Saturday, 15 June 2013

All Covered Up?

Well this year is certainly making me think long and hard about the long term benefits of cover cropping when there is no other crop planted in the ground.  It is also making me think about leaving ground bare and I'm coming to the conclusion that we should be having crops growing all the time.  The soil microbes, fungi and bacteria all need to be fed to keep them healthy, this would seem logical wouldn't it?  Keeping the soil microbes healthy recycles nutrients within the system, keeps the soil structure maintained reduces soil erosion and increases water quality. It can also dry the land out faster and more evenly.  It also provides a great habitat for  our wildlife, I see an abundance of brown hare; we have skylarks serenading me as I walk the fields and lapwing swooping down to ward of visitors from their nests and young fledglings.
The field above is a mixture of Phacelia, Fodder Radish and a mixture of winter and spring beans.  The beans can, with the help of nitrogen fixing bacteria, turn atmospheric nitrogen into a form that the plants can use later in the season or it should be available for the next crop.
This is a fodder radish plant that has a tap root very similar to a parsnip by the looks of things.  It is penetrating the soil with the equivalent force of 400lb/square inch.  The picture above shows the root development 5 weeks since the crop was planted in a very cold and difficult spring (aren't they all these days).  I am hopeful that where the crop has established well there will be no need to subsoil this year.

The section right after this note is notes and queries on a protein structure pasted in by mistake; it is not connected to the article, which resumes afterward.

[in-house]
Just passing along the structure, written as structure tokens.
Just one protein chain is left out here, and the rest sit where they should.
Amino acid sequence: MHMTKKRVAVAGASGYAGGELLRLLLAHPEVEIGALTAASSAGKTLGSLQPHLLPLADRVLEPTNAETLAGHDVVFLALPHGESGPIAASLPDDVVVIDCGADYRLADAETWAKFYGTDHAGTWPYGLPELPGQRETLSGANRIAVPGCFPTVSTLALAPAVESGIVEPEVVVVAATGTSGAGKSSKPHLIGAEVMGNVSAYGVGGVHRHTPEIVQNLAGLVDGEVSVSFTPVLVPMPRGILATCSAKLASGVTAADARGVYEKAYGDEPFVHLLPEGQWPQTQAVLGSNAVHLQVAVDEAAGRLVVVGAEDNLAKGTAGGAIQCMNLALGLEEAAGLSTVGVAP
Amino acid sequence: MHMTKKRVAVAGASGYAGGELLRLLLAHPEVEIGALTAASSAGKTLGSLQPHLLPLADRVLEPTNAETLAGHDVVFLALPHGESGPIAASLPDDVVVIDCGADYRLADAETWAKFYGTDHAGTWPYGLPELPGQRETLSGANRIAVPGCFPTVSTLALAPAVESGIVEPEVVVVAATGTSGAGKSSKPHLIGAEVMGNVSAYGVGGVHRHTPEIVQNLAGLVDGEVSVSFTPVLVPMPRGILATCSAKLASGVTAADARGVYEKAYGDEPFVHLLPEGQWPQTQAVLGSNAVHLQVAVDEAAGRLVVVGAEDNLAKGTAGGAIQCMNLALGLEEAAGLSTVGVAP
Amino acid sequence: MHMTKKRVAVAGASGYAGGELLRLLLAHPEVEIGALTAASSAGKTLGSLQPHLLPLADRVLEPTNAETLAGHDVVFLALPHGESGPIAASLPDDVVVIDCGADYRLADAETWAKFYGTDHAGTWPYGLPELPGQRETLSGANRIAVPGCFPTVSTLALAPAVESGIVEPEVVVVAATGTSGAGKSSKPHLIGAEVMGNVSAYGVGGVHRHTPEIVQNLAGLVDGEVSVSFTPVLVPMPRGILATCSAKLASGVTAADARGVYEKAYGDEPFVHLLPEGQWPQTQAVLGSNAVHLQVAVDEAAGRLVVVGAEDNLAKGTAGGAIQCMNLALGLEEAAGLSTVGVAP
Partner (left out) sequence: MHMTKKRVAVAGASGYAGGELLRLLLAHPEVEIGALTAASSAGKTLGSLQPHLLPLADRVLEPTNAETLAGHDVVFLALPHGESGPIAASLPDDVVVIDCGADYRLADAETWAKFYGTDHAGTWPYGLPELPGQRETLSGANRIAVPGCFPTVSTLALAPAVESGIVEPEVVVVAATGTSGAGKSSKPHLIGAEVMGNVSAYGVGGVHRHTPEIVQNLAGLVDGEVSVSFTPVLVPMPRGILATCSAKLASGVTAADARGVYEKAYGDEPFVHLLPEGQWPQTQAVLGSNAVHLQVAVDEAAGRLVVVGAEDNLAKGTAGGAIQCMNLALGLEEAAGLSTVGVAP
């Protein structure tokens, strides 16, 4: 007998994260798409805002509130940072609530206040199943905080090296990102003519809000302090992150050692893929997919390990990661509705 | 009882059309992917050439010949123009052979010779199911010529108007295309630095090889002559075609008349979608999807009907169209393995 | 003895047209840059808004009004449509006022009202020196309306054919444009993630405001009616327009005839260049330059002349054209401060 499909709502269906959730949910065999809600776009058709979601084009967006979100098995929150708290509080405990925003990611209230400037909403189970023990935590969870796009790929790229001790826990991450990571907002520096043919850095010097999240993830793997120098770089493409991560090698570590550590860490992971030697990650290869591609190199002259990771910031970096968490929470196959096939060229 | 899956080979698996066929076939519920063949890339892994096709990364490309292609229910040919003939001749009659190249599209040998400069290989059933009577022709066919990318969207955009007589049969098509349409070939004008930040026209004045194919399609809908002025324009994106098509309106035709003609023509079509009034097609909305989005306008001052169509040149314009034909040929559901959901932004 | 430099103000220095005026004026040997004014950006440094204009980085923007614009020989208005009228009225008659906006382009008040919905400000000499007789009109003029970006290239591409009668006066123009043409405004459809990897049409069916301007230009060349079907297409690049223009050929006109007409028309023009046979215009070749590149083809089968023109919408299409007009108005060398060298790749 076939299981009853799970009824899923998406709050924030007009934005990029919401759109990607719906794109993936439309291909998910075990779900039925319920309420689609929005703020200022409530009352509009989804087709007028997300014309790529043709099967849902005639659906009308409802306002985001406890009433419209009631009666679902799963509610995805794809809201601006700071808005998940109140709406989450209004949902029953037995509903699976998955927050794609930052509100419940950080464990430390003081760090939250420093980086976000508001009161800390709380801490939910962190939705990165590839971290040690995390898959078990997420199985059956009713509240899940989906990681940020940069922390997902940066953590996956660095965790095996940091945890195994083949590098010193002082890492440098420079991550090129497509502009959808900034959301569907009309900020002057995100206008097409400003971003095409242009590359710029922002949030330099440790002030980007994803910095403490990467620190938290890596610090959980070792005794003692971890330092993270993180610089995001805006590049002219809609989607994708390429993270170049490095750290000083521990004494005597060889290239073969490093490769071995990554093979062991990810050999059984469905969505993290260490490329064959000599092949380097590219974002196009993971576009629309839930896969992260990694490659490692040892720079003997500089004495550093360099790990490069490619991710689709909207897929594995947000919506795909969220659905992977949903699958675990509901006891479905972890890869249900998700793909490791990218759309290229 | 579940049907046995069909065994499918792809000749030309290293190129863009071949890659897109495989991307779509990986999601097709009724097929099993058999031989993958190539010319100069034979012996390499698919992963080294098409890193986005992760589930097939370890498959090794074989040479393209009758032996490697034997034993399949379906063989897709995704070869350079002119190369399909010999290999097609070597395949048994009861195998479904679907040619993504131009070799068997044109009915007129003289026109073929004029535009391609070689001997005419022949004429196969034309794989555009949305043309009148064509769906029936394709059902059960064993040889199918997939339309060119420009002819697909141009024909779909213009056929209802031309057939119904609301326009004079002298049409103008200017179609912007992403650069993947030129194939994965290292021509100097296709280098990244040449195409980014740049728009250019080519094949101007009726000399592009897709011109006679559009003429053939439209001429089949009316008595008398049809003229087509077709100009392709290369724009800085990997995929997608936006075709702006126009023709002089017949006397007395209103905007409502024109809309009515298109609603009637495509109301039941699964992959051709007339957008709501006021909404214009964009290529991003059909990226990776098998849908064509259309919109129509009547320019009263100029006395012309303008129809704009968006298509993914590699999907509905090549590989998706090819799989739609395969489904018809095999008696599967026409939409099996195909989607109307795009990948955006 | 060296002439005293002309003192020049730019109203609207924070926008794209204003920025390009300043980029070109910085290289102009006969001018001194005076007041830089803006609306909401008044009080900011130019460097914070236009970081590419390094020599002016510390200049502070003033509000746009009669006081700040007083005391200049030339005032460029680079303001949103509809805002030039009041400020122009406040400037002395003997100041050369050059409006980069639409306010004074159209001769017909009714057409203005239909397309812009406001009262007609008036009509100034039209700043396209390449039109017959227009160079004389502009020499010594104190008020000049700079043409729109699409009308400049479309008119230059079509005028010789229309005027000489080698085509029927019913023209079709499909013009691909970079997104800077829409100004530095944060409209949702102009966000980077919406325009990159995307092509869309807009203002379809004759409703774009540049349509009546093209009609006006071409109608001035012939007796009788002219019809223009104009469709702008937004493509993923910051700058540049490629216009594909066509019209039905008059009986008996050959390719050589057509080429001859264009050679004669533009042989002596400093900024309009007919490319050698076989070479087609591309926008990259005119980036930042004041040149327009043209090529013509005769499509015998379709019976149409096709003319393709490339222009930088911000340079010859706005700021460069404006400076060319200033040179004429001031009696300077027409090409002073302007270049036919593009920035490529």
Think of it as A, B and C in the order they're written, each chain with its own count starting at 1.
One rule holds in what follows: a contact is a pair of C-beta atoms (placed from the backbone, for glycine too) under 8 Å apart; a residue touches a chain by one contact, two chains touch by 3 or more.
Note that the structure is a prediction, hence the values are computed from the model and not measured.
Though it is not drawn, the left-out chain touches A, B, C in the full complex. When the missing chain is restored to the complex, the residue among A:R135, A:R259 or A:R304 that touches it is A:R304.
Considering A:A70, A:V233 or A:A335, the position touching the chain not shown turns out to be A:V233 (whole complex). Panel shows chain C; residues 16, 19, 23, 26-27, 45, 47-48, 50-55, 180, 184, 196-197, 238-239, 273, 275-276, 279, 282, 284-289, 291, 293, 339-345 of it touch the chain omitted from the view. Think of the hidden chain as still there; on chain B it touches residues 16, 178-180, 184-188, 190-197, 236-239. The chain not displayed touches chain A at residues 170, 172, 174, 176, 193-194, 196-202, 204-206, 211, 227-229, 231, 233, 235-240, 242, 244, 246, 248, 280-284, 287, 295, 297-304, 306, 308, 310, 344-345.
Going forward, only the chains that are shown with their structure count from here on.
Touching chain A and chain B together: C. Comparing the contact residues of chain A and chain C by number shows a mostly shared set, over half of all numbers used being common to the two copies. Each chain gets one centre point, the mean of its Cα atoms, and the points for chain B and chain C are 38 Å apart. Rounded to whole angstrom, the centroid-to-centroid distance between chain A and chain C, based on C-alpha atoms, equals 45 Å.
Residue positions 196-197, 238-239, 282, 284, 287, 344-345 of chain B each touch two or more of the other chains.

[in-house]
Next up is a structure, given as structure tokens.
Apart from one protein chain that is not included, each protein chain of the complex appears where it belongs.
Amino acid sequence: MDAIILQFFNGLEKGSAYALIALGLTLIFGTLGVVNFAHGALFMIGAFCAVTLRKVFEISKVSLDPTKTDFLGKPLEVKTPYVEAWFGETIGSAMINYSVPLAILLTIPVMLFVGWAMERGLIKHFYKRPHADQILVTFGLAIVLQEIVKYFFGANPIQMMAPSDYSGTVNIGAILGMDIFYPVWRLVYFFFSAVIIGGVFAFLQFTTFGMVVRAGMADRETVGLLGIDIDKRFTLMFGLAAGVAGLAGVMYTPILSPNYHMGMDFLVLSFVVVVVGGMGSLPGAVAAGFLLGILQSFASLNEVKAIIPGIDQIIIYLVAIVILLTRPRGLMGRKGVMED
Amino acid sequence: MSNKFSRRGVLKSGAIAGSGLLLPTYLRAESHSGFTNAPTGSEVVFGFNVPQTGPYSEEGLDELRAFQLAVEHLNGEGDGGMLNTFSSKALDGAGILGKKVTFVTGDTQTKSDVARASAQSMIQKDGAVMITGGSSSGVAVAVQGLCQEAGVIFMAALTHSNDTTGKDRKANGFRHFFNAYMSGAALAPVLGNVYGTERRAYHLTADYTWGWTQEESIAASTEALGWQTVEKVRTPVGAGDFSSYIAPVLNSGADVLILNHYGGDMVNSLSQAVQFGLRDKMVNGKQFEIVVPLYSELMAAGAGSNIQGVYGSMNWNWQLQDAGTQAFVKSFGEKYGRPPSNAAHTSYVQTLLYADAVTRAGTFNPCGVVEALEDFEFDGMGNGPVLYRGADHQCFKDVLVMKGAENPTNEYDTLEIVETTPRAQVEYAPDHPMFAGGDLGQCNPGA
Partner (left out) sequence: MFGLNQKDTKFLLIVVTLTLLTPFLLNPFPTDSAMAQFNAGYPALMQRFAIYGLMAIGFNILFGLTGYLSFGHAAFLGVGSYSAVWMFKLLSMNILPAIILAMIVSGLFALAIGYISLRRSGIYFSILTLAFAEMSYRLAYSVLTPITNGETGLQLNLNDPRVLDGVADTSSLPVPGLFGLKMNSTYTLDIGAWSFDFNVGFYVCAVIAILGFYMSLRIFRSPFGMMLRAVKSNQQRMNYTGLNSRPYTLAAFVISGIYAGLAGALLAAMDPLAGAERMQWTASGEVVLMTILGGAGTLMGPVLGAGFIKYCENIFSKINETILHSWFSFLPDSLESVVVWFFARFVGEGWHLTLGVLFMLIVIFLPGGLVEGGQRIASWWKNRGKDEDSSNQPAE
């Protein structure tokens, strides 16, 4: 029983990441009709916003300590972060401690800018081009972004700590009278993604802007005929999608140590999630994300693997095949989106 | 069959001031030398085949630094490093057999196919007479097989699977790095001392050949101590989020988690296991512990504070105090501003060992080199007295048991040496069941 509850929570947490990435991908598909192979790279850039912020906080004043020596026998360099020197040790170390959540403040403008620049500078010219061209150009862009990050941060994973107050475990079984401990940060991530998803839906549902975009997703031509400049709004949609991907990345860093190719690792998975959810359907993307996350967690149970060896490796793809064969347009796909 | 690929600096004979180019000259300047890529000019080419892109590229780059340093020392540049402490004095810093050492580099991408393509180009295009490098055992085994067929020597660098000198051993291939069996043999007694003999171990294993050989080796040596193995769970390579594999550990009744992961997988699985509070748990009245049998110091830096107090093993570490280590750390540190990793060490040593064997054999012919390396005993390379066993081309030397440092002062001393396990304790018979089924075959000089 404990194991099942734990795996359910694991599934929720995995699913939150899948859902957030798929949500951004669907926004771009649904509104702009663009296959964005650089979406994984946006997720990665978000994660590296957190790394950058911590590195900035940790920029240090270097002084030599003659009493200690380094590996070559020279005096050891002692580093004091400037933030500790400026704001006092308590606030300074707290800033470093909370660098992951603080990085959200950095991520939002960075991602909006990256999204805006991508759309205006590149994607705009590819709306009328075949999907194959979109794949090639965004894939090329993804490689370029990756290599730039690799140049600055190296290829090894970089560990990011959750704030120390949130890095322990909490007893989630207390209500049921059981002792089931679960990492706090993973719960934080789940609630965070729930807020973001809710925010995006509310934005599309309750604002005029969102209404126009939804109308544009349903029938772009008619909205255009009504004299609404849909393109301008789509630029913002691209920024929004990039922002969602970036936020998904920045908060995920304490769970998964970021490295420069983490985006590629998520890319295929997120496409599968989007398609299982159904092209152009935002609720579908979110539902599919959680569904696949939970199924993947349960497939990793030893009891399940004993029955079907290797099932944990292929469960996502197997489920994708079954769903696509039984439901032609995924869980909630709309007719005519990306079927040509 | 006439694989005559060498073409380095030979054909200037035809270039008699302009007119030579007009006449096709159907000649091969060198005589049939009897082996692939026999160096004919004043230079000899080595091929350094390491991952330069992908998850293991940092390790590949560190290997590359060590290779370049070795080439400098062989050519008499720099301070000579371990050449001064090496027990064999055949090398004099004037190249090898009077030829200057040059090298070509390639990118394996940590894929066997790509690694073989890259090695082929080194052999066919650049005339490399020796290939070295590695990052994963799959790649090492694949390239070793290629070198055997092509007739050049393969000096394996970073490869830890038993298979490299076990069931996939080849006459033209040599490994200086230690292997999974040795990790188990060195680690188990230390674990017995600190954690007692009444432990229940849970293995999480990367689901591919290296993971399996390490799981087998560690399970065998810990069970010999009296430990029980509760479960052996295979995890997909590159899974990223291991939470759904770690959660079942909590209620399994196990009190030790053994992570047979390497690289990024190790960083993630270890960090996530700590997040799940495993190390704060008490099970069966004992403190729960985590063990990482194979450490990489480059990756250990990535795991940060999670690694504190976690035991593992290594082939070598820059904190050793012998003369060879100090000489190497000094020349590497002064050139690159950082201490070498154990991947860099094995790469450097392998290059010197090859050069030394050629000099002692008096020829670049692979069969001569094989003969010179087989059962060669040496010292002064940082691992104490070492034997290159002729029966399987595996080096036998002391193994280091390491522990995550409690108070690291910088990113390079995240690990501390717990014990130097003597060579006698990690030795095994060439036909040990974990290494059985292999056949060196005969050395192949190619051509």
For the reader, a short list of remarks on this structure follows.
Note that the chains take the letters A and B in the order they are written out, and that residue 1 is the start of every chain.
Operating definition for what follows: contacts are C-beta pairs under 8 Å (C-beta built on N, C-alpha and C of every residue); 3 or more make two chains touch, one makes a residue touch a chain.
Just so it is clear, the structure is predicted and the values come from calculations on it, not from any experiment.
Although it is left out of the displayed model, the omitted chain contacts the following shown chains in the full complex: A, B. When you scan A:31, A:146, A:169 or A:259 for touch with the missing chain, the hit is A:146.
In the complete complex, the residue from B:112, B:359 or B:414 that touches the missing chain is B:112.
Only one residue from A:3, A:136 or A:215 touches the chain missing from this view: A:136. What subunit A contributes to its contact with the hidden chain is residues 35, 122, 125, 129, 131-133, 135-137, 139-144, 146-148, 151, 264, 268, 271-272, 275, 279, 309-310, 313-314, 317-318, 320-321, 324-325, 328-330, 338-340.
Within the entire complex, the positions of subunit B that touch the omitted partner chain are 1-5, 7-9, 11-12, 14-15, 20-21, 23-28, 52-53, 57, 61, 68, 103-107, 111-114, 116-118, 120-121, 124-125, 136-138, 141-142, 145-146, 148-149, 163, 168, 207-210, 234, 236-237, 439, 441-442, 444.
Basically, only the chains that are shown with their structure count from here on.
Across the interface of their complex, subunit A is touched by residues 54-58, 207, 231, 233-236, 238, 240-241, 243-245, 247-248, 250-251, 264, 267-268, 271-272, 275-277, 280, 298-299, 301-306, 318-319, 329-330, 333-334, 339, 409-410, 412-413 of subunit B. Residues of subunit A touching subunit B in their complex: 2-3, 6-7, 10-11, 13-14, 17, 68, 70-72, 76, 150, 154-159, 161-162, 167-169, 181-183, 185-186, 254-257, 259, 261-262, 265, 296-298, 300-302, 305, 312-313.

As the cover crop plants die; the following crop, in this case winter wheat, their roots will be able to follow these roots down to the moisture in tracks already provided.  This means the wheat will use less energy to produce their roots enabling more efficient use of energy.  All in all there is no immediate financial return for doing this but the long term benefits will pay back with better yields and we'll have a farming system that is more resilient to the challenges of climate change that are all to obvious.  There will also be opportunities for moving livestock around the farm, returning more organic manure, I just have to work out how!

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